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RFE/RL Journalist Laid To Rest In Kabul
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The United States has decried the killing of journalists in a suicide bomb attack in Afghanistan and accused the militants of trying to undermine the country's upcoming elections by attacking the "cornerstone of democracy."

"We strongly condemn yesterday's suicide bombing in Kabul," White House spokeswoman Sarah Sanders told reporters on May 1.

"Afghanistan's press corps is a powerful illustration of how that country has transformed," Sanders said. "There is absolutely no justification for such a senseless and heinous act."

U.S. Secretary of State Mike Pompeo on Twitter called the twin suicide attacks that killed at least 25 people including nine journalists in Kabul on April 30 "senseless and barbaric."

"Independent media is a cornerstone of democracy," he said. "Despite today's attack, the vibrant media landscape that has developed in Afghanistan will endure."

Pompeo added that "we will not turn blind on this." The Islamic State (IS) extremist group claimed responsibility for the attack, which killed the most media workers ever in a single attack in Afghanistan.

The twin blasts came little more than a week after an April 22 suicide blast claimed by IS that killed 60 people at a voter registration center in Kabul.

U.S. Defense Secretary Jim Mattis said the attacks were aimed at undermining Afghanistan's electoral process ahead of parliamentary elections in October.

Mattis on May 1 told reporters at the Pentagon that the United States will stand by the Afghan people and the Kabul government.

"The murder of journalists and other innocent people is a great testimony to what it is we stand for, and more importantly what we stand against," he said.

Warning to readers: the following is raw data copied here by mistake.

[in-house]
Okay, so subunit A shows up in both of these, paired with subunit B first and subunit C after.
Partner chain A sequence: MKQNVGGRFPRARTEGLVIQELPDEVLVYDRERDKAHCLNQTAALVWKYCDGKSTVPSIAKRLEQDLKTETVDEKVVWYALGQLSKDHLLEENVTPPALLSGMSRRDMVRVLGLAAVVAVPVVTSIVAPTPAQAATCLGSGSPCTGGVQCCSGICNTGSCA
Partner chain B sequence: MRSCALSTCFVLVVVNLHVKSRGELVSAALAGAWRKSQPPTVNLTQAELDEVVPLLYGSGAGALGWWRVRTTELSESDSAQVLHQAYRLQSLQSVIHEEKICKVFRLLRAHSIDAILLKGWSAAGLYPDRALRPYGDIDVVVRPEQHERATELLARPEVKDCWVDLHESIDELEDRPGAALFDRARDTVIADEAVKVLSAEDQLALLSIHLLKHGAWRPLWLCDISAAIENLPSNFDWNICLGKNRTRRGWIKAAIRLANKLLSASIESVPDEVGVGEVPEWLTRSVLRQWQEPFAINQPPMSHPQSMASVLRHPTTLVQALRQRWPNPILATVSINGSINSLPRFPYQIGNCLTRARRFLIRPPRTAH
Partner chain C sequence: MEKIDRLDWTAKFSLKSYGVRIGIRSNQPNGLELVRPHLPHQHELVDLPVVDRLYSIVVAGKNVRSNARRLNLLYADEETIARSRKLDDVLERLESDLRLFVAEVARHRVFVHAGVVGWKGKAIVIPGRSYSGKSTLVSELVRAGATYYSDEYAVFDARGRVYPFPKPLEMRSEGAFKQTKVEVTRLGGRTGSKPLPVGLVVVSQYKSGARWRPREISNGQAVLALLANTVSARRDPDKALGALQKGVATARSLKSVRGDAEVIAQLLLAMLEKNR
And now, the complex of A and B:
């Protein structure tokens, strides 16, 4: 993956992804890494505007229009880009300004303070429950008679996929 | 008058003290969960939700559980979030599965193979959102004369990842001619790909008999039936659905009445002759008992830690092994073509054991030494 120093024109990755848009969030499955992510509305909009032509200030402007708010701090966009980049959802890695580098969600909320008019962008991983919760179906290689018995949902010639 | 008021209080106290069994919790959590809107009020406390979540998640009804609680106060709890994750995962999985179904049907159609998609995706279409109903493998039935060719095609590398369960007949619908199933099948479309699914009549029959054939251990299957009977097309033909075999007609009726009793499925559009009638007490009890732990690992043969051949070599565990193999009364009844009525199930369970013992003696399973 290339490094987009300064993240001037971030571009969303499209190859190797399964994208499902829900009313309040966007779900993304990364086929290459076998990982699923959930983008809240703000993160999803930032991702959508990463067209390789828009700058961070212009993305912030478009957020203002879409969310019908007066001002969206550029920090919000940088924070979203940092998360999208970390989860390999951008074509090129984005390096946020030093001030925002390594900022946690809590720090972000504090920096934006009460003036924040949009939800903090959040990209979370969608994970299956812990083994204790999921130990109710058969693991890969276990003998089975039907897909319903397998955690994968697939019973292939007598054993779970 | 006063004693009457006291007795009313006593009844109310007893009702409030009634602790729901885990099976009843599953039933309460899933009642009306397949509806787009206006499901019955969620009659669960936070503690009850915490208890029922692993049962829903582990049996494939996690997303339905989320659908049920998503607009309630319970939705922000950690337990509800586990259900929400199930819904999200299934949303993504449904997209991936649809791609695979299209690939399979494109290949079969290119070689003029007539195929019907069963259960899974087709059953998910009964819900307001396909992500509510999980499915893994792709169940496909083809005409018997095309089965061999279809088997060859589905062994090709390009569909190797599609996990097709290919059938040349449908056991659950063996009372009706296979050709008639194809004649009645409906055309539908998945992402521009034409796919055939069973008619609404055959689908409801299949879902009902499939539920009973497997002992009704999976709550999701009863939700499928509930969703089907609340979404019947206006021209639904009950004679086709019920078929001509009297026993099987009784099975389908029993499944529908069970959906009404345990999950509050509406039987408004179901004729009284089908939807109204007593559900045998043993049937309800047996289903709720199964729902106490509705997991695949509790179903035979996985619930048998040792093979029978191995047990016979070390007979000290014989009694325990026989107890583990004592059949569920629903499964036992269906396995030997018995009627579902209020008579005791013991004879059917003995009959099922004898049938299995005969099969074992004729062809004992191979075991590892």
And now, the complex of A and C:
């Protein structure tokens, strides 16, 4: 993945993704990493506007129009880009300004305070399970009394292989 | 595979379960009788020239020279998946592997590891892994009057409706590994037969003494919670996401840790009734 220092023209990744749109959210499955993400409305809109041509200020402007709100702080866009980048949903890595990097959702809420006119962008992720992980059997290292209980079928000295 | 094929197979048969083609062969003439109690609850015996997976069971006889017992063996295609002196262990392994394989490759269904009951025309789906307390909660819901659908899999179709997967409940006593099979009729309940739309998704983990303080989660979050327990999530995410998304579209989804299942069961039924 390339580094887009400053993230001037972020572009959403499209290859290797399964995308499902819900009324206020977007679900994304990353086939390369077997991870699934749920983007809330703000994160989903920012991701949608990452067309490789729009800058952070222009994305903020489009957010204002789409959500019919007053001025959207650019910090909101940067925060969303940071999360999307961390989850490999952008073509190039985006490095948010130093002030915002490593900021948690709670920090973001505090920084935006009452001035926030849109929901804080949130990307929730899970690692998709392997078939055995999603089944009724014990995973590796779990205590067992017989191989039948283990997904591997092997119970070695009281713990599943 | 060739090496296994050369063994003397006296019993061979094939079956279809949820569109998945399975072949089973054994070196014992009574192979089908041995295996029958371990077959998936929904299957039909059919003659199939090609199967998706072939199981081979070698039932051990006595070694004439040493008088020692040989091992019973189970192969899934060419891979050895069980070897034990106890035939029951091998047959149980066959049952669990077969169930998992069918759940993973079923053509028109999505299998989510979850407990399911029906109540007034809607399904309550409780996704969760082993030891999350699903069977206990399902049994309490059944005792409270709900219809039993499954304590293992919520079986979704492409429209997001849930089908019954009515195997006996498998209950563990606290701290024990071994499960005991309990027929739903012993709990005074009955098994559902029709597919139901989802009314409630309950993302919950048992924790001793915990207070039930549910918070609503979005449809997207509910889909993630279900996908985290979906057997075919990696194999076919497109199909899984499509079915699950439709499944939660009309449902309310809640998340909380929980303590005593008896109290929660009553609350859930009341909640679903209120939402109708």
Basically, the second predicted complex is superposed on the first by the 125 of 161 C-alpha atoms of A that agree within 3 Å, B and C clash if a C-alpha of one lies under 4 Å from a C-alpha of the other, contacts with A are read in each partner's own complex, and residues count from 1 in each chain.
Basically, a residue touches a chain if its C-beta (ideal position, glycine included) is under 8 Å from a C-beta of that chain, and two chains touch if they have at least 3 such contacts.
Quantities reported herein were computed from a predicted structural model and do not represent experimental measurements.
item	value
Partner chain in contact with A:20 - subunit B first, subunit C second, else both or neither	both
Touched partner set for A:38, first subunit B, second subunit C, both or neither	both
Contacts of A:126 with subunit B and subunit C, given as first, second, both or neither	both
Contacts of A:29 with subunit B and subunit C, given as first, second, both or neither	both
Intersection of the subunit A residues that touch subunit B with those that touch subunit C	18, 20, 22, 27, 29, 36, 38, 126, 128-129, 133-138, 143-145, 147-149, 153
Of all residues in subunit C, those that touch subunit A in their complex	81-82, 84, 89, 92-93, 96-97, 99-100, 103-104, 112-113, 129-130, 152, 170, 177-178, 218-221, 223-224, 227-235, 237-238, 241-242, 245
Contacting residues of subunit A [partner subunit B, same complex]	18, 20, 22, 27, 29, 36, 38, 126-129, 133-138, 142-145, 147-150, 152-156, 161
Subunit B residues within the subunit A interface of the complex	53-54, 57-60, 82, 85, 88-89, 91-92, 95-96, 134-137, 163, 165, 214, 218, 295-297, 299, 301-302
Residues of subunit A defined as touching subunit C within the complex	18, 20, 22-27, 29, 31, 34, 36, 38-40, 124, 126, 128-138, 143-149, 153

"We'll stand by the Afghan people, we'll stand by the Afghan government and the NATO mission will continue as we drive them to a political settlement," Mattis said

The killings occurred when multiple journalists covering a suicide bombing in the Shash Darak area of Kabul were hit by a second blast set off by a suicide bomber carrying a press pass and pretending to be a reporter, officials said.

Among those killed were two RFE/RL journalists, a woman training to become an RFE/RL reporter, and AFP's chief photographer in Kabul. The other journalists killed were working for Afghan media.

"Where media are in danger, all other human rights are under greater threat," the U.S. Embassy in Kabul said.

United Nations Secretary-General Antonio Guterres said he was "outraged."

"The deliberate targeting of journalists in the attack highlights once again the risks media professionals face in carrying out their essential work," the UN chief said through a spokesman.

"Those responsible for such crimes must be swiftly brought to justice," Guterres added.

Afghan Chief Executive Abdullah Abdullah also called it "an attack on democracy and an effort to silence the voice of the voiceless," while President Ashraf Ghani called it an example of "war crimes."

A BBC Afghan reporter was killed separately on April 30 in Khost Province on the border with Pakistan.

"Actions like this one only strengthen our steadfast commitment to the people of Afghanistan," said General John Nicholson, the commander of U.S. and NATO forces in Afghanistan.

"This tragedy reminds us of the danger that our teams continually face on the ground and the essential role journalists play for democracy," AFP chief executive Fabrice Fries said.